A virtual meeting to discuss changing renaming the district is set for tomorrow (Thursday) at 7 p.m. A brief presentation by county staff will be followed by an online forum. Interested participants can email email@example.com to receive a meeting link.
The discussion follows a March recommendation by the Fairfax County Redistricting Advisory Committee for a name change. The committee recommended renaming the Lee and Sully districts because of the names’ historic ties to the Confederacy and slavery.
In late June, the Fairfax County Board of Supervisors unanimously voted to change the name of the Lee magisterial district to Franconia.
A spokesperson for Sully District Supervisor Kathy Smith said she has not reached a decision on whether a name change is warranted.
“Her goal is to make a decision after the meeting but doesn’t have a specific date to make a decision,” the spokesperson wrote in a statement to FFXnow.
Residents are also encouraged to share their comments and feedback by emailing firstname.lastname@example.org or calling 703-814-7100.
A decision is not expected at the forum, according to event organizers.
— Sully Supervisor Kathy L. Smith (@SullySupervisor) August 15, 2022
A grand opening for the new Sully Community Center is set for Sept. 17 at noon, celebrating the conclusion of a nearly $22 million project by Fairfax County.
County board members and county officials will celebrate the opening of the nearly 36,000-square-foot center, which is located on five acres at the intersection of Wall Road and the Air and Space Museum Parkway in Chantilly.
The facility is the new home for the Sully Senior Center, which formerly operated in leased space in Chantilly. It also includes a 4,000-square-foot healthcare suite managed by HealthWorks for Northern Virginia.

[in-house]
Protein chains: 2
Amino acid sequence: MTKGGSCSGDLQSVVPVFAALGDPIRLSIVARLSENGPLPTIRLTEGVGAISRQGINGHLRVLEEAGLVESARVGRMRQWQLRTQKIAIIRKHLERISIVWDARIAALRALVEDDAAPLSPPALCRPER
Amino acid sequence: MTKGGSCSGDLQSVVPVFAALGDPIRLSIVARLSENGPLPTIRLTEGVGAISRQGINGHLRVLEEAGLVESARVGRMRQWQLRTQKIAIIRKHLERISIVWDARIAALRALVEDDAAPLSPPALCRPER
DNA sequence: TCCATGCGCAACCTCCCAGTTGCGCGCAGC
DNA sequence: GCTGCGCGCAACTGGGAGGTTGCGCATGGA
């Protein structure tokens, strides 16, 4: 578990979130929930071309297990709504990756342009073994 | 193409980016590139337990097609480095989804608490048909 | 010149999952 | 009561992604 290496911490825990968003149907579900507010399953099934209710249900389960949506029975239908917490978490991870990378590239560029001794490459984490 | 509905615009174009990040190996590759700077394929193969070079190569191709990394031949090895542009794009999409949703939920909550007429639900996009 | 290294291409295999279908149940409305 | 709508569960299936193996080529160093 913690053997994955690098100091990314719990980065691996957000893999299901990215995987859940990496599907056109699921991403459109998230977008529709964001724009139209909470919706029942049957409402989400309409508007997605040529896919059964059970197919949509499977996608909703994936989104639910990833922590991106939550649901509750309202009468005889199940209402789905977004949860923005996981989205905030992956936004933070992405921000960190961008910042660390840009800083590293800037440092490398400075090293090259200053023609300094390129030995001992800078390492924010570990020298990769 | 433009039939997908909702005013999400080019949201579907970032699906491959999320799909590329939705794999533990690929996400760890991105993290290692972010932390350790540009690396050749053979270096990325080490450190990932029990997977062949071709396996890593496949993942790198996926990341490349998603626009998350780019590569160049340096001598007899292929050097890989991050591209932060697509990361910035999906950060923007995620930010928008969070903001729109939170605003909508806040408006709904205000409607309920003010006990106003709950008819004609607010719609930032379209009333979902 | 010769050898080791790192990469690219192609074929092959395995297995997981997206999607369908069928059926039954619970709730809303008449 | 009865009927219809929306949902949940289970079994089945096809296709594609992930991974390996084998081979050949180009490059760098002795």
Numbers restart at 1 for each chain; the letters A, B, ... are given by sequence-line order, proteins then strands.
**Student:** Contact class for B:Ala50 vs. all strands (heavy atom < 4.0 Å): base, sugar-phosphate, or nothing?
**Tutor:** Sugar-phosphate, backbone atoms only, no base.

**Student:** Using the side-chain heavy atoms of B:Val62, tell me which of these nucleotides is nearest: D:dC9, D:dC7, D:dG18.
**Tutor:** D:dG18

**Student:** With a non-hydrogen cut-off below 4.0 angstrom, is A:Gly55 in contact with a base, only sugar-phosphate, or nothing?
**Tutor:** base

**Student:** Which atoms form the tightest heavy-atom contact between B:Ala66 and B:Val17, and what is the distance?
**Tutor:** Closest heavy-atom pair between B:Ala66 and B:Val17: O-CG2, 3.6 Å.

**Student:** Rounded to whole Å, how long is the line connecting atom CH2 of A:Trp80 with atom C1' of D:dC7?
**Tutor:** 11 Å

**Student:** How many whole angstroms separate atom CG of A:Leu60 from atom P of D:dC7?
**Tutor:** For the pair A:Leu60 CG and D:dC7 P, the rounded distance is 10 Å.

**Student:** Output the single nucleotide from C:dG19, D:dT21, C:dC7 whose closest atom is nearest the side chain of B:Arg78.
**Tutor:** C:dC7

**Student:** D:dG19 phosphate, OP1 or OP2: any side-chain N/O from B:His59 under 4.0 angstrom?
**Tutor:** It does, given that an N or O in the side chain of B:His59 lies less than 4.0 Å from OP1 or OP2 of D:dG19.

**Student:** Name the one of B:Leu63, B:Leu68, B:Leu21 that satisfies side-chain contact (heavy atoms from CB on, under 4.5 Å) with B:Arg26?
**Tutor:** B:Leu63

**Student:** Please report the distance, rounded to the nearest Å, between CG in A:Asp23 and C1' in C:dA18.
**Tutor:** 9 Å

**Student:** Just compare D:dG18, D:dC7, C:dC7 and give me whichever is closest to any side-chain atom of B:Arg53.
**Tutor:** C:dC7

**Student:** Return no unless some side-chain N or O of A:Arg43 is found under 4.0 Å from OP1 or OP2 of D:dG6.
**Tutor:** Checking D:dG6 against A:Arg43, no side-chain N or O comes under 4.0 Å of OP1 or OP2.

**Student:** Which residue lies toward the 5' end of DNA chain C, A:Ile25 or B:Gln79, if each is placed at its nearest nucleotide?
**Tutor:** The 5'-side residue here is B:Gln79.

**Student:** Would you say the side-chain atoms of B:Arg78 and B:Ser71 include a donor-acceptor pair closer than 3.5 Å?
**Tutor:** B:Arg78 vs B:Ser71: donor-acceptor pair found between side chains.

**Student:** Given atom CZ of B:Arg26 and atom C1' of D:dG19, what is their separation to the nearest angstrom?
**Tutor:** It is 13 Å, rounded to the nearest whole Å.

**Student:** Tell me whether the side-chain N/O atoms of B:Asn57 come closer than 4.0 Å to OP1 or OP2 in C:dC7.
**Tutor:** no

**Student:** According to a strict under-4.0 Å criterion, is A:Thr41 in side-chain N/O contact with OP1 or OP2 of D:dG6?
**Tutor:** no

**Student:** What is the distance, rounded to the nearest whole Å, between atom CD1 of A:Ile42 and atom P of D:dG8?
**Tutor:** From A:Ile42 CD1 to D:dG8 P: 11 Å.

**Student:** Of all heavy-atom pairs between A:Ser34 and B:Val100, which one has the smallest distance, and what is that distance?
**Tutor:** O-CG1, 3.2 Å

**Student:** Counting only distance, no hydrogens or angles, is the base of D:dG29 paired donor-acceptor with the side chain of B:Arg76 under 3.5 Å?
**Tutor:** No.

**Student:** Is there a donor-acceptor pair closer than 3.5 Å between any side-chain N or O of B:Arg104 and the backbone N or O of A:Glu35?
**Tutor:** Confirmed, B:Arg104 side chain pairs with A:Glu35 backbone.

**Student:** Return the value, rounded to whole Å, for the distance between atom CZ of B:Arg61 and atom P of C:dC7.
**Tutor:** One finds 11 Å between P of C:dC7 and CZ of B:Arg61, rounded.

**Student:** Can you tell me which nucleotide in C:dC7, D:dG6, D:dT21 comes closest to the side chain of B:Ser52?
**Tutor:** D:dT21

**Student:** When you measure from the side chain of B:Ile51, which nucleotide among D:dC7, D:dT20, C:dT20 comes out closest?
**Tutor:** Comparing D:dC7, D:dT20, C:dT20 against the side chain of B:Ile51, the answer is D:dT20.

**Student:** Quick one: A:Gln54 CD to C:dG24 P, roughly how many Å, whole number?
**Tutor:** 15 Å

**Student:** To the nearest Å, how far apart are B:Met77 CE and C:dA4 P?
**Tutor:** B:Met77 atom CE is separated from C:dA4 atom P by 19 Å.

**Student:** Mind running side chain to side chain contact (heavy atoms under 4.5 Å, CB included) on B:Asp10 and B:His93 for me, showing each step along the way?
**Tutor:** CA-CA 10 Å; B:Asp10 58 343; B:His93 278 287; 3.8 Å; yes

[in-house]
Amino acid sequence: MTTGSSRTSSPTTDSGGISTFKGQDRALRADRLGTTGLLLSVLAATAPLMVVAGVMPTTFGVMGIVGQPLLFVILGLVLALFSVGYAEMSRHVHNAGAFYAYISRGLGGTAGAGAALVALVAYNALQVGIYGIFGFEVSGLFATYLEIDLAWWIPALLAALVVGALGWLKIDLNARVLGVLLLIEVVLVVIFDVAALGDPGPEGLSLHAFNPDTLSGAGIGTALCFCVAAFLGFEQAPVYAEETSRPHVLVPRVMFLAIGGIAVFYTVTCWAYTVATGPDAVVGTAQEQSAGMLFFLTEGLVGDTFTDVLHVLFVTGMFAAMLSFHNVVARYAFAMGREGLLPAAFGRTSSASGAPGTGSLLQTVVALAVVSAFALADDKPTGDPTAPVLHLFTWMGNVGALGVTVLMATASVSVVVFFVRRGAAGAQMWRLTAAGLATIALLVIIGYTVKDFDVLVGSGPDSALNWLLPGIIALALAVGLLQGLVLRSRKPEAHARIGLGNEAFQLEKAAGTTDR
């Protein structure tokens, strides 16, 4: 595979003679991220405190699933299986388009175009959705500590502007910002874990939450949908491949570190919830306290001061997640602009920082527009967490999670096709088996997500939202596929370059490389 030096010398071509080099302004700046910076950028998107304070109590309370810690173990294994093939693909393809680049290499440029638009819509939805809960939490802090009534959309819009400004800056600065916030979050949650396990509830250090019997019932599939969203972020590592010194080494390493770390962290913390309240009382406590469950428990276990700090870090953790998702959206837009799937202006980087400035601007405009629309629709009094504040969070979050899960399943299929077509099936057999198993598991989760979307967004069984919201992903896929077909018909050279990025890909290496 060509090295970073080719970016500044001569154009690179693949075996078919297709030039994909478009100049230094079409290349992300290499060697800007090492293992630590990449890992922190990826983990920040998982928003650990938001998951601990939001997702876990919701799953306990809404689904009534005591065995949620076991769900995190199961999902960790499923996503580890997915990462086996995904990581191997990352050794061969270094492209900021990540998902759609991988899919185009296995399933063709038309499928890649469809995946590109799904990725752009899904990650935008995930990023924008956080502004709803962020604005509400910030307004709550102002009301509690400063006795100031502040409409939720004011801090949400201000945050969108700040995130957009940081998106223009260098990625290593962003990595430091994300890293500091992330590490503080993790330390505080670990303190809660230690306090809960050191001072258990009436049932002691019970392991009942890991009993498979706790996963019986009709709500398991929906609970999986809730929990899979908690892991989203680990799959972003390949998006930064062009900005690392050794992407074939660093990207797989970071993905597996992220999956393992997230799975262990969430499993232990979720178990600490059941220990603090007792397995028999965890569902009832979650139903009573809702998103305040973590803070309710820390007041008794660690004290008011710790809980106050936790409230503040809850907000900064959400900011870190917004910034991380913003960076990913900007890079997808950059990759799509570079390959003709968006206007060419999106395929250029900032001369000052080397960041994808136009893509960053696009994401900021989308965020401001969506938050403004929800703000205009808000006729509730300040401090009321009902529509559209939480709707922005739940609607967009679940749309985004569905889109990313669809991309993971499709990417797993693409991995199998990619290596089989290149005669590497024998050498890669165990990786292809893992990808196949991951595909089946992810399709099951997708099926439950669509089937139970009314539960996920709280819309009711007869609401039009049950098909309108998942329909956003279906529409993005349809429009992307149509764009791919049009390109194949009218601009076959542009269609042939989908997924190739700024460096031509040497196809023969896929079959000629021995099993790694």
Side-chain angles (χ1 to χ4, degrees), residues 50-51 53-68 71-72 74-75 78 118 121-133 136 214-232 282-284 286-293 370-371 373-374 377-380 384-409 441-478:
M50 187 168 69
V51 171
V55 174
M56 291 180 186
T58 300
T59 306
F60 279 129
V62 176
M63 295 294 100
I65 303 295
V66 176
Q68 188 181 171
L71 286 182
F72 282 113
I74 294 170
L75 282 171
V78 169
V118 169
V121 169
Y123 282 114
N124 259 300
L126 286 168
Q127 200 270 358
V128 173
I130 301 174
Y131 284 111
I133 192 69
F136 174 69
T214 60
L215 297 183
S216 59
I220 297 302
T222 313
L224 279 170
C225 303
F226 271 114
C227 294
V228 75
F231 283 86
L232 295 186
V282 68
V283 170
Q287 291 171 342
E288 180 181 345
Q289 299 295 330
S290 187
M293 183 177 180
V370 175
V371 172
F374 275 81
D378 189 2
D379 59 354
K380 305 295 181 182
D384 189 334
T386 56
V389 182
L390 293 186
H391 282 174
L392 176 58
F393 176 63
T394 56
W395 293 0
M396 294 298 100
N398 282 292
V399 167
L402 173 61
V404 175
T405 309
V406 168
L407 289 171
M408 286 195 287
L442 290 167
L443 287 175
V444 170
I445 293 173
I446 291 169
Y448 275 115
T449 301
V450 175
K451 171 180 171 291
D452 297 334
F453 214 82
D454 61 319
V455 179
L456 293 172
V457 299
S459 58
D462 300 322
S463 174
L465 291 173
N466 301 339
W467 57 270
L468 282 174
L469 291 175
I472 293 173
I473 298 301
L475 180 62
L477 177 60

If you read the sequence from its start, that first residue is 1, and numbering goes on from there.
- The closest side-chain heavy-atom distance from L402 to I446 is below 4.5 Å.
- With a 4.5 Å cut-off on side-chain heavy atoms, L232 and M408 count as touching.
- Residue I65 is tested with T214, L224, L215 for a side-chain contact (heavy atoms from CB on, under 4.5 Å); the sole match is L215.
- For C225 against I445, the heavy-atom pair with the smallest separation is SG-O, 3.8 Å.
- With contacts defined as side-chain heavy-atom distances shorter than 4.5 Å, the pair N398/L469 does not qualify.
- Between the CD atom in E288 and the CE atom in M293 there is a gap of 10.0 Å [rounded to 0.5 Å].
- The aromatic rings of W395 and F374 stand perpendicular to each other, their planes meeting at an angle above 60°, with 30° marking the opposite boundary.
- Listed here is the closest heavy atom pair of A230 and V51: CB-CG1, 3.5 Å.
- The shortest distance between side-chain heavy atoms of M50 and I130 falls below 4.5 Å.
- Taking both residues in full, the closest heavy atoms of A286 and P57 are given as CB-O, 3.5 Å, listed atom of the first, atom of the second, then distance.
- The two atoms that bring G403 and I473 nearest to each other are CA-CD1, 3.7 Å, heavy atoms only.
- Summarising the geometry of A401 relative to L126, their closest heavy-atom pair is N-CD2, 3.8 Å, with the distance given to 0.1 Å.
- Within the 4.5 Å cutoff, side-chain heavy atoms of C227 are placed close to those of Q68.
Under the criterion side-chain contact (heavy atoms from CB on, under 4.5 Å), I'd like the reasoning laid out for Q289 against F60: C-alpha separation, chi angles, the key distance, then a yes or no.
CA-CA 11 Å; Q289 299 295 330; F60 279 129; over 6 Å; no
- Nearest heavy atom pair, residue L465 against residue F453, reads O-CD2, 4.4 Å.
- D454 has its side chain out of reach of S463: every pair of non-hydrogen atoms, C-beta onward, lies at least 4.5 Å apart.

“I am pleased the new Sully Community Center will be opening to provide a wide array of accessible programs and services for the surrounding communities,” Sully District Supervisor Kathy Smith said in a statement to FFXnow. “The exciting addition of the healthcare suite will provide closer accessibility to primary healthcare for those who have faced barriers in healthcare access.”
Are you ready to celebrate the new Sully Community Center? Join us for the Grand Opening Saturday, Sept. 17th beginning at 12 pm with the ribbon cutting! Then stick around and enjoy food, performances, family activities, and more! #sully #community #communitycenter #grandopening pic.twitter.com/Vqn3T3w65P
— CelebrateFFX (@CelebrateFFX) August 30, 2022
Programs include after school classes, facility rentals, fitness classes, gym sports, and meeting spaces. The Fairfax County Park Authority is also offering specialty camps, garden plots, school-aged child care, youth camps and recreation services.
Smith noted that the county’s partnership with the park authority also resulted in additional gym space and pickleball courts.
The center cost roughly $22 million to construct. Overall costs are pending because the project is still being finalized, a county spokesperson told FFXnow.
Construction on the project began in October 2020.